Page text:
• For a Limited Time the R2R Partner Membership is NOW OPEN! Get some cool swag and chances to win part of over $20,000 in prizes! Click here for more details

Why is there a common trend to grossly oversize return pumps on a new build.

DCR

Active Member
View Badges
Joined
Jan 3, 2018
Messages
238
Reaction score
160
I have a Jebao DCP 18000 rated for 4,755 GPH and I get 4,755 GPH of flow. So, all you hydro wizards.. how am I using this pump to get the rating for zero head pressure?.....
I am curious how you know you are getting 4755 gph? That is a massive flow rate which would probably require multiple 1.5 or 2" lines to achieve. Certainly cannot bucket test it since it would fill a 5 gallon bucket in about 4 seconds . Either the measured flow is not accurate or the manufacturers data is not accurate.
 
https://www.omegasea.net/

pdxmonkeyboy

Sticks!! Give me the sticks!
View Badges
Joined
Mar 7, 2017
Messages
2,494
Reaction score
4,095
Location
Hockinson, WA
Not sure why you think the manufacturers data is not accurate. It is rated for 18,000 lph.
It filled a 20 gallon rubbermaid faster than I could say " OH MY GOD this thing is nuts..." It was a hair over 16 seconds and that was with 3' of head on it.

It runs at 36v and has a 1.5 inlet and outlet. My hammerhead pushes more than that with a single 1.5" line. I think my hammerhead would still push more water, but in regards to assumption that I am not getting that much flow. ... ummm. Ya huh.
 
OP
Palegic

Palegic

Active Member
View Badges
Joined
Jul 20, 2020
Messages
124
Reaction score
114
Location
Long Island
I am curious how you know you are getting 4755 gph? That is a massive flow rate which would probably require multiple 1.5 or 2" lines to achieve. Certainly cannot bucket test it since it would fill a 5 gallon bucket in about 4 seconds . Either the measured flow is not accurate or the manufacturers data is not accurate.
Well they make reletively inexpensive devices to measure flow. You could also simply measure the time it takes to empty a pre measured amount of water however it will be innacurate due to ramp up time. Or um fill a larger say 32g brute..
 

JasonK84

I want more!!!
View Badges
Joined
Sep 14, 2018
Messages
2,747
Reaction score
7,787
Location
Amarillo
Thats the response I was looking for! lol as that would be the smartest reason to oversize your equipment. Otherwise I feel like its a kind of a waste of power, generates more heat, and noise...especially if not DC.
I just got a new truck 3 weeks ago and got the 6.2L engine! Why? Because I can! Wouldn’t the 5.3L have been fine? Sure. The 6cyl would have been fine even.

My 120 gallon tank has a return pump that says it puts out 3170gph max. Why? Because I can. I keep it at 50%. I also have a spare. No sense pushing things to their max operating range.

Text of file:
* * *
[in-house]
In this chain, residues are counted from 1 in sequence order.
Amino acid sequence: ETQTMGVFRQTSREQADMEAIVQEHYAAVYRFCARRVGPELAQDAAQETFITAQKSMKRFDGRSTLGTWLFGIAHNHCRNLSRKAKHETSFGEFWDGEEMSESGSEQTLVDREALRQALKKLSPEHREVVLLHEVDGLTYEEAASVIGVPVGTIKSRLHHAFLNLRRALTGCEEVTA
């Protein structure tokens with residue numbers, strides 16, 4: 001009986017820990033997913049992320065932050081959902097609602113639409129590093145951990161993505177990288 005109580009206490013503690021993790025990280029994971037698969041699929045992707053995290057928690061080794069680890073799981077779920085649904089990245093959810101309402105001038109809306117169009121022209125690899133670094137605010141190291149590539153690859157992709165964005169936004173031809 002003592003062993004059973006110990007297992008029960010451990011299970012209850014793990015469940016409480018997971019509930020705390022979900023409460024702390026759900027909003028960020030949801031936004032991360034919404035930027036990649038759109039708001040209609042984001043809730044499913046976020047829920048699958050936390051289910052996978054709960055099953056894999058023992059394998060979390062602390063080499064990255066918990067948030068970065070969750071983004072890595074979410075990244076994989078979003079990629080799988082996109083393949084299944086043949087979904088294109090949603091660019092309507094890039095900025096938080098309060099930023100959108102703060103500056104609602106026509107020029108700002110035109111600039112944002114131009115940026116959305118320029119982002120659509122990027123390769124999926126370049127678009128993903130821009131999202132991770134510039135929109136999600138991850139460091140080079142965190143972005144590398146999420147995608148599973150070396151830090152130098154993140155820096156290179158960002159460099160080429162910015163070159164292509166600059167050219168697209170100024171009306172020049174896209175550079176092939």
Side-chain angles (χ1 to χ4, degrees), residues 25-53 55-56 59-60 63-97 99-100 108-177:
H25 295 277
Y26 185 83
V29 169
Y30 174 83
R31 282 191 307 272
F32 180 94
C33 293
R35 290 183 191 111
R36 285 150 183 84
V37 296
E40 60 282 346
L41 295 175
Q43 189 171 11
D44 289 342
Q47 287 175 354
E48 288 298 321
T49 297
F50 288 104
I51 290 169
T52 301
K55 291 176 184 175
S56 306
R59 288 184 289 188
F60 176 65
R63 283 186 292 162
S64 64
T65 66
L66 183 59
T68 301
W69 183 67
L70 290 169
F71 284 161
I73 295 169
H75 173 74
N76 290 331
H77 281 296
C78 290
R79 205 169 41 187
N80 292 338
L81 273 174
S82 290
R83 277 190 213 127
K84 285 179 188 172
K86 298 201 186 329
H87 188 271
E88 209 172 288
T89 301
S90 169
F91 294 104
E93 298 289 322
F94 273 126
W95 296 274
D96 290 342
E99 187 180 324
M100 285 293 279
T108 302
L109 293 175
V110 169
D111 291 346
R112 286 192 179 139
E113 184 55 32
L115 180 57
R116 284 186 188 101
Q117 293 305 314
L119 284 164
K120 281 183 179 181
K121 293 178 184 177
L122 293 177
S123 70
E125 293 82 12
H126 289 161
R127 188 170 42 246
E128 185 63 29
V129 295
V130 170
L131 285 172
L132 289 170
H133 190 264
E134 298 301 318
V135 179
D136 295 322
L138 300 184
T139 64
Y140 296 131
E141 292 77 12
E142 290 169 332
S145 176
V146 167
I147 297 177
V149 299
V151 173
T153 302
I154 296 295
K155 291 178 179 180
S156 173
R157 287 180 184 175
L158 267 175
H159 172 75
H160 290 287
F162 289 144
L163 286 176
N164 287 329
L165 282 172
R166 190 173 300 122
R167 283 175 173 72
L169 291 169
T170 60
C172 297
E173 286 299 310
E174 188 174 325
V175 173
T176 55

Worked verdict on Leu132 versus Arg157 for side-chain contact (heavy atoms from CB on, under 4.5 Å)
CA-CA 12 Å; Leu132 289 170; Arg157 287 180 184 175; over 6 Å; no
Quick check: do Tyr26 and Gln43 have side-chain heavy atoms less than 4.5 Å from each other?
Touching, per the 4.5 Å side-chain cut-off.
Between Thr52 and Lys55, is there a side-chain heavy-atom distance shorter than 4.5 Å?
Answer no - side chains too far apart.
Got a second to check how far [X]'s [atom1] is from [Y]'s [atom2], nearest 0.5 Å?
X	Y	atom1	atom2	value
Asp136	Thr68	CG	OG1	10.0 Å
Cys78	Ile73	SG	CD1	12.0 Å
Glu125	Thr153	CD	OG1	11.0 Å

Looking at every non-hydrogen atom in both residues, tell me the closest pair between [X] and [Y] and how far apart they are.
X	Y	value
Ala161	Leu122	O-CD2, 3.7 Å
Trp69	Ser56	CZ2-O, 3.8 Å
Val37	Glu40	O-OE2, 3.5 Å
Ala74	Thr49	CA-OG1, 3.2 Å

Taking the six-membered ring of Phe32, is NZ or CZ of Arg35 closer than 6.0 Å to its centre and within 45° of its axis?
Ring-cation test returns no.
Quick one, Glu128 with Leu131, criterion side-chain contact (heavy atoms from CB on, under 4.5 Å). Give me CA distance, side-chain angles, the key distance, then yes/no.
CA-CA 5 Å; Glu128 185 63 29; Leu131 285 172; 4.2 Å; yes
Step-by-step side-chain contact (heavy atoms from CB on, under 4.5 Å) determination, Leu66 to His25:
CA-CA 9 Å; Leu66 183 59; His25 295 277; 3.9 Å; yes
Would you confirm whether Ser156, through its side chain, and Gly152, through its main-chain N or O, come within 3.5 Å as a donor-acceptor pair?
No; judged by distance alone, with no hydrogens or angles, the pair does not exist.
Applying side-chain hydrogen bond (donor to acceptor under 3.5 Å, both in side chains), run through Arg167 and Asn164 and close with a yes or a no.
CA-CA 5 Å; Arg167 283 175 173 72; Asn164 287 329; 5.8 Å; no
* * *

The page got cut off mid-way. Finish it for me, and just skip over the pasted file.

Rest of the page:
pdxmonkeyboy

Sticks!! Give me the sticks!
View Badges
Joined
Mar 7, 2017
Messages
2,494
Reaction score
4,095
Location
Hockinson, WA
Its has nothing to do with measurements, it is simply physics, just thought it would be interesting to see who could figure a configuration where you loose absolutley no flow do to head preasure.
I guess we know one person who can not.
 

naterealbig

Valuable Member
View Badges
Joined
Sep 1, 2018
Messages
1,317
Reaction score
1,857
Location
Tampa
Well you loose redundancy by running equipment off a manifold from the return pump and it makes it more difficult to measure the flow through your sump.

I half heartedly agree about having more power than needed. Running a pump capable of 25-50x just seems like an excessive amount and possibly shows that some people may not understand how little sump turnover they need for success.
You may gain redundancy, but you lose reliability depending on the pumps you use. The trend towards unproven and unreliable DC return pumps (each with double the points of failure of an AC pump) unfortunately requires the use of several pumps due to the low MTF (of the power supply or the controller).

The use of a single, large, quality AC pump (Eheim, Danner, Fluval) negates the need for DC pump redundancy. Run two of these in parallel, and you have a bulletproof system.

You cite a large return flow as a cause of low nutrients. This isn't true in all cases (No filter sock), and many accomplished refers operate with ULNS systems, so in some cases it is desirable.

I use two large AC return pumps on my system and I have no plan to upgrade. Lots of in-tank circulation is great, but without a healthy return flow the detritus doesn't end up in your overflow..... It just circulates in the tank and settles in the rock. I like to get the junk over the overflow and into my filtration so it can be processed. The high flow is particularly handy when I'm cleaning my display.

Also I clean my sump using my returns. I open up the gate valve on the returns, and bypass my display directly to mechanical filtration. I can clean my sump to like-new in about 8 minutes. This would take hours with a small return pump.

Finally, depending on the complexity of the plumbing system you will need a pump several times the flow of your desired output. In most of my systems head losses account for approximately 50-60% loss of flow. Right off the bat, plan on doubling the size of your return pump once you have calculated your required turnover.
 

All Delight

2500 Club Member
View Badges
Joined
Aug 14, 2008
Messages
2,724
Reaction score
472
Location
Long Beach, Cali
Regarding high turnover stripping the tank of nutrients, lower turnover actually makes your skimmer more efficient since there is longer contact time to remove wastes.

With DC pumps I usually go around 15x turnover to compensate for head loss plus I clean my return pumps maybe every 2 years so performance does decrease and I don’t run then 100%. I like to tune it down.
 

92Miata

Well-Known Member
View Badges
Joined
Feb 26, 2020
Messages
533
Reaction score
670
Location
Richmond, VA
Here’s a prime example of a popular 1400 gph DC controllable pump only actually pumping 250 gph at full throttle as measured by a flow meter. Head pressure loss due to height, plumbing restrictions and elbows do a lot to reduce flow, more than many are actually accounting for IMO.

That's an example of someone running completely inadequate plumbing.

People need to stop trying to push 1000gph through 3/4" plumbing and being surprised that they get a lot of head loss.

Yes, DC pumps tend to be designed for flow rather than head - but the major culprit in the vast majority of situations is plumbing.
 

Water Dog

2500 Club Member
View Badges
Joined
Mar 28, 2016
Messages
3,611
Reaction score
4,102
Location
Fairfield, CT
That's an example of someone running completely inadequate plumbing.

People need to stop trying to push 1000gph through 3/4" plumbing and being surprised that they get a lot of head loss.

Yes, DC pumps tend to be designed for flow rather than head - but the major culprit in the vast majority of situations is plumbing.